As a freelancer or copywriter, charging per hour rather than per word (or page) seems daunting – especially with projects that take up several weeks of your time. But, time is money. Here’s how to figure out which payment method is best:
Setting a Rate
Pricing yourself by the hour means considering: (1) how much work you average in an hour’s time, (2) how many hours you work in a week, (3) your expenses, and (4) what others are charging.
Use this Freelance Hourly Rate Calculator from All Indie Writers (http://allindiewriters.com/freelance-hourly-rate-calculator/) to help you calculate your rate. I started small, charging $10 an hour at first, then worked myself up to $25 when I suddenly realized I had more clients and less time. Experience matters. People will pay for it.
Charging per hour can benefit both you and your client. A 10,000-word project at 50 cents per word will run your client $5, 000, but at $20 per hour (assuming you go through 500 words per hour), it would be $400 (20 hours). You might also decide to go with per-hour because the final word count is unsure or you’re working within a time-frame.
I started charging per hour when singer-songwriter Rea le Roux came to me for a press release to announce the start of a new hip-hop dancing group to encourage the local youth. We couldn’t agree on a word count, and the piece had to be translated into Afrikaans. So, I charged per hour, for two hours of work: One hour of interviewing and research, and an hour of writing, translating and editing.
For you, charging per hour could make it easier to calculate (and reach) your goal salary: The more hours you put in, the better you can get paid.
Time: What factors into that measurement?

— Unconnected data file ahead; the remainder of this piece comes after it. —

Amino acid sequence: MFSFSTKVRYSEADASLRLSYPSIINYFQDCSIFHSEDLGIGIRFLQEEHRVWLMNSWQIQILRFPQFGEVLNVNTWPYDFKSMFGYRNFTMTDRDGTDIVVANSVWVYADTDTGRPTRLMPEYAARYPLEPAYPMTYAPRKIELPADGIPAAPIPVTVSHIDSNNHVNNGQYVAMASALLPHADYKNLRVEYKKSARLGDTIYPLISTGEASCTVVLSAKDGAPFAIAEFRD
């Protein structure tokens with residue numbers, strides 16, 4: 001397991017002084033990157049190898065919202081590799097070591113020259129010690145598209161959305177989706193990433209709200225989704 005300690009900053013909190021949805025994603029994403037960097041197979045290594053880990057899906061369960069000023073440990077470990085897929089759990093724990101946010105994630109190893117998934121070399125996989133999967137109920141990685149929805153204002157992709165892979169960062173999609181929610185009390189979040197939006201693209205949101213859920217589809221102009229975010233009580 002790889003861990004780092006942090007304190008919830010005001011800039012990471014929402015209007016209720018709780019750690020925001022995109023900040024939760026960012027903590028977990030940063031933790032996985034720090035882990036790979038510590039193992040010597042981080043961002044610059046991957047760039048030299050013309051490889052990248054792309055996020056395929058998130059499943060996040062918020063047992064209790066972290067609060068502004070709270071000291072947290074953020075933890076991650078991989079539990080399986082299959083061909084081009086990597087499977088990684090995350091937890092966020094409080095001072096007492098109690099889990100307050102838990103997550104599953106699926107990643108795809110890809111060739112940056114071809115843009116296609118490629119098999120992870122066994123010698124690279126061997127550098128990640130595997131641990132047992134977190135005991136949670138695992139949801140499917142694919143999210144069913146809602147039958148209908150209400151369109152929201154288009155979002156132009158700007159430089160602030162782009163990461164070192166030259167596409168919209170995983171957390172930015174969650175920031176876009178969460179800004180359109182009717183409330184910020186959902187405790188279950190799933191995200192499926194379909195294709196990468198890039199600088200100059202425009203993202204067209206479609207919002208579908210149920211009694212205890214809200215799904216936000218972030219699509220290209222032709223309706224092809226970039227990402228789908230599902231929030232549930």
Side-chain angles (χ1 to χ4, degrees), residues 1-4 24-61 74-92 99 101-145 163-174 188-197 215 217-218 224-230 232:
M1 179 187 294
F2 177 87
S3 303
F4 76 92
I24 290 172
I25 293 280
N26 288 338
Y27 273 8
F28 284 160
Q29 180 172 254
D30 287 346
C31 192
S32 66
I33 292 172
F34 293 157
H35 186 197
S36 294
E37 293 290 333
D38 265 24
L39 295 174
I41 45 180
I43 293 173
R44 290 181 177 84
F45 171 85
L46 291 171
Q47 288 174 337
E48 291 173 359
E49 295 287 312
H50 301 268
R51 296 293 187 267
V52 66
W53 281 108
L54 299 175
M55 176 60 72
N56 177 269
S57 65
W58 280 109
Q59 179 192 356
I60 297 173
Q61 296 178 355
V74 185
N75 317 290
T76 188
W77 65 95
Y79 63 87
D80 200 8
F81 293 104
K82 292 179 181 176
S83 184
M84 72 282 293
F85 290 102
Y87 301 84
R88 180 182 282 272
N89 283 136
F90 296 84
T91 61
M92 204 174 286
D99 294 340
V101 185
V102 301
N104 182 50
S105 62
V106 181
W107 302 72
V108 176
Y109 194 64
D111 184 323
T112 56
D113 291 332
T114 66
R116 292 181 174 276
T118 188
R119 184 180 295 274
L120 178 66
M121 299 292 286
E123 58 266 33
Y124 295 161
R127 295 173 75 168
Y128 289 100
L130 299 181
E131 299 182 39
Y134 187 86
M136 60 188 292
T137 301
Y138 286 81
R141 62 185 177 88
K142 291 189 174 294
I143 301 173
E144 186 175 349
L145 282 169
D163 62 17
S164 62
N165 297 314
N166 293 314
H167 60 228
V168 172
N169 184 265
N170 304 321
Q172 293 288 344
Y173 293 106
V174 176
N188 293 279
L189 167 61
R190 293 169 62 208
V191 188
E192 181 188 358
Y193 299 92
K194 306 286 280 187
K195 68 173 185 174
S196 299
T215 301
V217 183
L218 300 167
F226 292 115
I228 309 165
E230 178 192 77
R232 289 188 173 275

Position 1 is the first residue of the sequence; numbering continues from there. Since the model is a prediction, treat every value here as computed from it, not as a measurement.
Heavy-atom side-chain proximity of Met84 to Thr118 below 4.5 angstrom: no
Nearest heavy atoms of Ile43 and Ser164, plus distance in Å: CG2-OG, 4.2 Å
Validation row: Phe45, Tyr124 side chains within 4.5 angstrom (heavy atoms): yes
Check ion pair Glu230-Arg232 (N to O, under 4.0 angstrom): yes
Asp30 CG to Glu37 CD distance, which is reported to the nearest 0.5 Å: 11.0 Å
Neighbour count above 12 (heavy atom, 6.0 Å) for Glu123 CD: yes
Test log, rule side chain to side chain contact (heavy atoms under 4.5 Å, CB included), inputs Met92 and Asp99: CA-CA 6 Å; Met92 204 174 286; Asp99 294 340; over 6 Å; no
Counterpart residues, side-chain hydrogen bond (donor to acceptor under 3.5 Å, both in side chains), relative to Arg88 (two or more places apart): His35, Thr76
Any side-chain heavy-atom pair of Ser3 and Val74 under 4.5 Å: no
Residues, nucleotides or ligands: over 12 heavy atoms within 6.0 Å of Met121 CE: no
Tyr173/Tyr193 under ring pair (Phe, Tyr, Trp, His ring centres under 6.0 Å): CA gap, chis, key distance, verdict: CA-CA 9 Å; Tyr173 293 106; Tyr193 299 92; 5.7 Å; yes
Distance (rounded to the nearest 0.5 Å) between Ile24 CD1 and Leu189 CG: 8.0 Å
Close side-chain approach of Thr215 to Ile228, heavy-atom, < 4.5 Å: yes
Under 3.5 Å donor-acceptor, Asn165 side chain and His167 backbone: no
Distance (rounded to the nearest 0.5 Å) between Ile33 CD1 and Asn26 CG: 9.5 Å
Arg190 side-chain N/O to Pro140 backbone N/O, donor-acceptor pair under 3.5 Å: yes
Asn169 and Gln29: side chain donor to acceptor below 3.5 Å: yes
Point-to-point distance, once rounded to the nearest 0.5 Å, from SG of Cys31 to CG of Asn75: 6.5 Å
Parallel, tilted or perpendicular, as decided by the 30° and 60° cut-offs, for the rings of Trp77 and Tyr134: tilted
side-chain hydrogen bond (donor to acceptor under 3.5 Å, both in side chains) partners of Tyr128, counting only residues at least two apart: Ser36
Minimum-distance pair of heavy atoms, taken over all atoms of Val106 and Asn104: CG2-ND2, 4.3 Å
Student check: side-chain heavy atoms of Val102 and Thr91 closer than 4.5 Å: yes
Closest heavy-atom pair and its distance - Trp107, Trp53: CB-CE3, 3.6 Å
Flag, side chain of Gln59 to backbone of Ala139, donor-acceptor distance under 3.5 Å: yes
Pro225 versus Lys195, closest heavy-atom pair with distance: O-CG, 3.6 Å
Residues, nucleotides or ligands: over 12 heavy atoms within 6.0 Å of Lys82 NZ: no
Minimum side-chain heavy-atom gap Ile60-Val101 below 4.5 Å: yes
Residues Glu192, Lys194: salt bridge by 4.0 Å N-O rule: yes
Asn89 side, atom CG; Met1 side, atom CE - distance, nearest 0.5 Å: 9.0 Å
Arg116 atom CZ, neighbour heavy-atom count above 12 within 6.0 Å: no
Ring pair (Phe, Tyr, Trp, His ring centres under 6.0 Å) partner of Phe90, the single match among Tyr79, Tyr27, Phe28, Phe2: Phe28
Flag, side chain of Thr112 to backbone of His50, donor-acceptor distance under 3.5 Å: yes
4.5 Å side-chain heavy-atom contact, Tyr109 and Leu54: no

Time is money, but what is time? Think about what will factor into your per-hour charge beforehand: Time spent writing, editing and proofing are obvious, but what about your travel time and any additional research?
Account for weekends and off days: How many hours aren’t you working? Incorporate these when issuing quotes, progress reports and statements. You might also need more time, say, if you or your client ends up in the hospital, or if your laptop crashes. Both have happened to me.
Run a timer when actively working to include researching, writing and translating. Keep a list of what you did, when you did it, and how much time you put into it. Send this break-down to your client to show them what they are paying for.
Bathroom breaks, trips to the store, and feeding the cats aren’t deductible.
Be willing to negotiate, but decide beforehand how much room for negotiation you will allow, as you would negotiating for a car. You don’t want to be out-negotiated. In other words, know your budget.
What’s your type?
When you’re typing against the clock, speed matters. Learning to type quicker will save you time, too. Use Wapsilon.com to test and improve your typing speed; Typingstudy.com and Typingclub.com are great places to learn touch-typing, which can make you work faster, more effectively, giving you time for more clients.
Alex J Coyne is a South African-based freelance journalist and writer. His work has appeared in People Magazine, The Investor, Writers Write, The Penny Hoarder and Tafelberg’s horror anthology “Skrik op die lyf” (2015), among others.